1: “One of the most poignant expressions of the way human work can feel so profoundly meaningless comes from a very ancient document, the Old Testament book of Ecclesiastes,” Timothy Keller writes in Every Good Endeavor.

“So I hated life, because the work that is done under the sun was grievous to me. All of it is meaningless, a chasing after the wind,” says the Philosopher in Ecclesiastes 2:17

The book starts with three “life projects,” each an effort to discover a meaningful life.

After failing to discover purpose in a life of learning and wisdom (Ecclesiastes 1:12–18; 2:12–16) and the pursuit of pleasure (2:1–11), the Philosopher attempts to chase away his sense of meaninglessness through hard work (2:17–26).

“He now tries to live for the accomplishment of concrete goals and the accrual of wealth and influence,” Tim writes.

But here, too, he finds only misery: “I hated all the things I had toiled for under the sun, because I must leave them to the one who comes after me. And who knows whether that person will be wise or foolish? Yet they will have control over all the fruit of my toil into which I have poured my effort and skill under the sun. This too is meaningless. So my heart began to despair over all my toilsome labor under the sun” (2:18-20).

2: Tim suggests the term “under the sun” is the key to understanding the Philosopher’s mindset: “In general, it refers to life in this world considered in and of itself, apart from any greater or eternal reality,” he writes.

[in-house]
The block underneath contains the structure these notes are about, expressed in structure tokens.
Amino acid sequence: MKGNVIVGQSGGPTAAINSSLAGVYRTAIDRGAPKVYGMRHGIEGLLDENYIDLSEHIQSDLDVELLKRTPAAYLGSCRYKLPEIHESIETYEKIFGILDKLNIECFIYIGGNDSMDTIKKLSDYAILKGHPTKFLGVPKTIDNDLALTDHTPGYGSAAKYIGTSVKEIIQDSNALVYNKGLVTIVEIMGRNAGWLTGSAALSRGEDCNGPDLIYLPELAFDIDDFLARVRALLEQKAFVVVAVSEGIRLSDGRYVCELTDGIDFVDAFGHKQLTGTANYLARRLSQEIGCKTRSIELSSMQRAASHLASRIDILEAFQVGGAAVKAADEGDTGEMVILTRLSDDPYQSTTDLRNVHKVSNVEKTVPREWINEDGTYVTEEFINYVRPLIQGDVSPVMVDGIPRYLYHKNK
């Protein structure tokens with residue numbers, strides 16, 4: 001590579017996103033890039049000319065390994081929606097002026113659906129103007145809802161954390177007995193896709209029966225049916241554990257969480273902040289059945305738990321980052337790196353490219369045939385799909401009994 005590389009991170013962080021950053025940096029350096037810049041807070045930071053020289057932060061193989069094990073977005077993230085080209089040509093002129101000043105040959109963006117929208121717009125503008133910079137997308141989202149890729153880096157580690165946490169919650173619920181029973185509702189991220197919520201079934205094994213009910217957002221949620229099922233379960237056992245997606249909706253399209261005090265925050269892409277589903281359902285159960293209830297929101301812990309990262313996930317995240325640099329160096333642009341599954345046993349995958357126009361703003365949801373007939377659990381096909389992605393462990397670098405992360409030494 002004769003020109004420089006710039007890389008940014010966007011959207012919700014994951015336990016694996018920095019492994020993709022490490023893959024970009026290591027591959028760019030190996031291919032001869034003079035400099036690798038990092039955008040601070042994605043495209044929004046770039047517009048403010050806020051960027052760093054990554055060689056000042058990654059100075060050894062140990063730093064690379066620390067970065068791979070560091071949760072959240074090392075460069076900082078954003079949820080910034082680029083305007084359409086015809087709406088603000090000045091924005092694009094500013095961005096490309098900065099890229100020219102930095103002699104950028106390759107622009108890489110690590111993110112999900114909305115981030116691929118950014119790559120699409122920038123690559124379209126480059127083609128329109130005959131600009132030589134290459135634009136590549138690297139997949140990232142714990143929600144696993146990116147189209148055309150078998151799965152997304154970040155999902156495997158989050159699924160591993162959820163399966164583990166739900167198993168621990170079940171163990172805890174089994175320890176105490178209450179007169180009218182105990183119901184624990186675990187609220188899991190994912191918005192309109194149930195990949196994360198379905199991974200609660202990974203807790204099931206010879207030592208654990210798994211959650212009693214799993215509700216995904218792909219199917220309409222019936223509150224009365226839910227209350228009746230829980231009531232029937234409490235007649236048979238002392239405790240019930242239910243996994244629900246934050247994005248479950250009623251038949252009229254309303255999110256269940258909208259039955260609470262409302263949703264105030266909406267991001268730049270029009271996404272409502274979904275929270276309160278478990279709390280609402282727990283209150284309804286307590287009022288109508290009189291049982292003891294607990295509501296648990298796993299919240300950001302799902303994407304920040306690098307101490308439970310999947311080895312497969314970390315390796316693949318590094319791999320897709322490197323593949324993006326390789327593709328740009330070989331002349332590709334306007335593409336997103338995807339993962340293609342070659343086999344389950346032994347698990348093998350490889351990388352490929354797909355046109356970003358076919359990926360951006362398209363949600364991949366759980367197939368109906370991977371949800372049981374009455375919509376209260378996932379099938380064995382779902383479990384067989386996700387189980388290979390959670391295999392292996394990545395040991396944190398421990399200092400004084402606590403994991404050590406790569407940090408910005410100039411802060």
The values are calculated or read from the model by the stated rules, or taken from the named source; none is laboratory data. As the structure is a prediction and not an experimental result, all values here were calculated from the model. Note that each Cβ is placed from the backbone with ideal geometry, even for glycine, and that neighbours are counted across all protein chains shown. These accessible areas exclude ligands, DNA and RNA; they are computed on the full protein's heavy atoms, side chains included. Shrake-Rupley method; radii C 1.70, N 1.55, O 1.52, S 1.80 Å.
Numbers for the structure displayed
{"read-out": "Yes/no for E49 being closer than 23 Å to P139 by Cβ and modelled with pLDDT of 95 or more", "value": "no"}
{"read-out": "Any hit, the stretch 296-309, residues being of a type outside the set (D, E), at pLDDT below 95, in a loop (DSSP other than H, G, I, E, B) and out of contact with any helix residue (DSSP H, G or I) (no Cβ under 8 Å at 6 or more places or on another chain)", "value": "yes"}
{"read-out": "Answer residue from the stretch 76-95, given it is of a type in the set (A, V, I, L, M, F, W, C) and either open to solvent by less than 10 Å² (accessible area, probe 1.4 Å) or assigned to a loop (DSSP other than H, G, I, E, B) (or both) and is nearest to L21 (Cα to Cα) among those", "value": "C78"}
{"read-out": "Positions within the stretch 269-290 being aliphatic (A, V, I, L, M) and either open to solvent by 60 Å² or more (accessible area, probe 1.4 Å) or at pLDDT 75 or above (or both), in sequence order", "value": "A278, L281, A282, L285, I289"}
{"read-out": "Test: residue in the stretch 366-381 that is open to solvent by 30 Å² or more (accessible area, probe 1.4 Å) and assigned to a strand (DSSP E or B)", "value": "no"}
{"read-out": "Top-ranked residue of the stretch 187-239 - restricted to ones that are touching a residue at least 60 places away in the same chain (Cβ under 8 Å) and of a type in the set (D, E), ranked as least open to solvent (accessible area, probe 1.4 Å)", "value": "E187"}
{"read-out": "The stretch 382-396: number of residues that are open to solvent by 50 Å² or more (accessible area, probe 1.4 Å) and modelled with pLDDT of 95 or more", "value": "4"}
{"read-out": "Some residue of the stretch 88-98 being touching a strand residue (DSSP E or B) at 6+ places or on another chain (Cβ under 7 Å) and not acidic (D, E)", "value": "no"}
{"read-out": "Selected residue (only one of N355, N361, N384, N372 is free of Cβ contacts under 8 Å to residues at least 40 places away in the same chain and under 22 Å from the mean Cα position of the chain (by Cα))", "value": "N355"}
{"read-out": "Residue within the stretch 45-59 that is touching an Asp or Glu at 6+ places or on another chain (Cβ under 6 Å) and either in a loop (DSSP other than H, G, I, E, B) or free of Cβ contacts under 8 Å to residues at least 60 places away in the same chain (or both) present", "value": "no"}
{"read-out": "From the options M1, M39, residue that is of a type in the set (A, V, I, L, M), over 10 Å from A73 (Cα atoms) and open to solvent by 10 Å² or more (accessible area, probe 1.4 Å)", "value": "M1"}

This approach is inherently flawed, Tim believes.

“If we base our lives on work and achievement, on love and pleasure, or on knowledge and learning, our existence becomes anxious and fragile—because circumstances in life are always threatening the very foundation of our lives, and death inevitably strips us of everything we hold dear.”

He contrasts this approach with relying upon “a gracious Creator God . . . as a precondition for an unshakeable, purposeful life,” Tim writes.

3: Within the Philosopher’s darkness, however, some light shines through: “There is nothing better for a person than to enjoy their work, because that is their lot,” (3:22) he says.

How do we find this meaning? “to . . . find satisfaction in all their toil—this is the gift of God” (3:13).

Christians believe that “the New Testament reveals that the ultimate source of the tranquility we seek is Jesus Christ,” Tim writes, “who—because he has toiled for us on the cross—can offer us the true rest for our souls (Matthew 11:28–30).”

More tomorrow.


Reflection: The Philosopher pushes us to ask some difficult questions that we might otherwise avoid: “Is there any meaning to my life?” “What am I really doing it all for?” “Why is there so much wrong with the world?” “How will I cope with it?”

Action: Journal my answers to the questions above.

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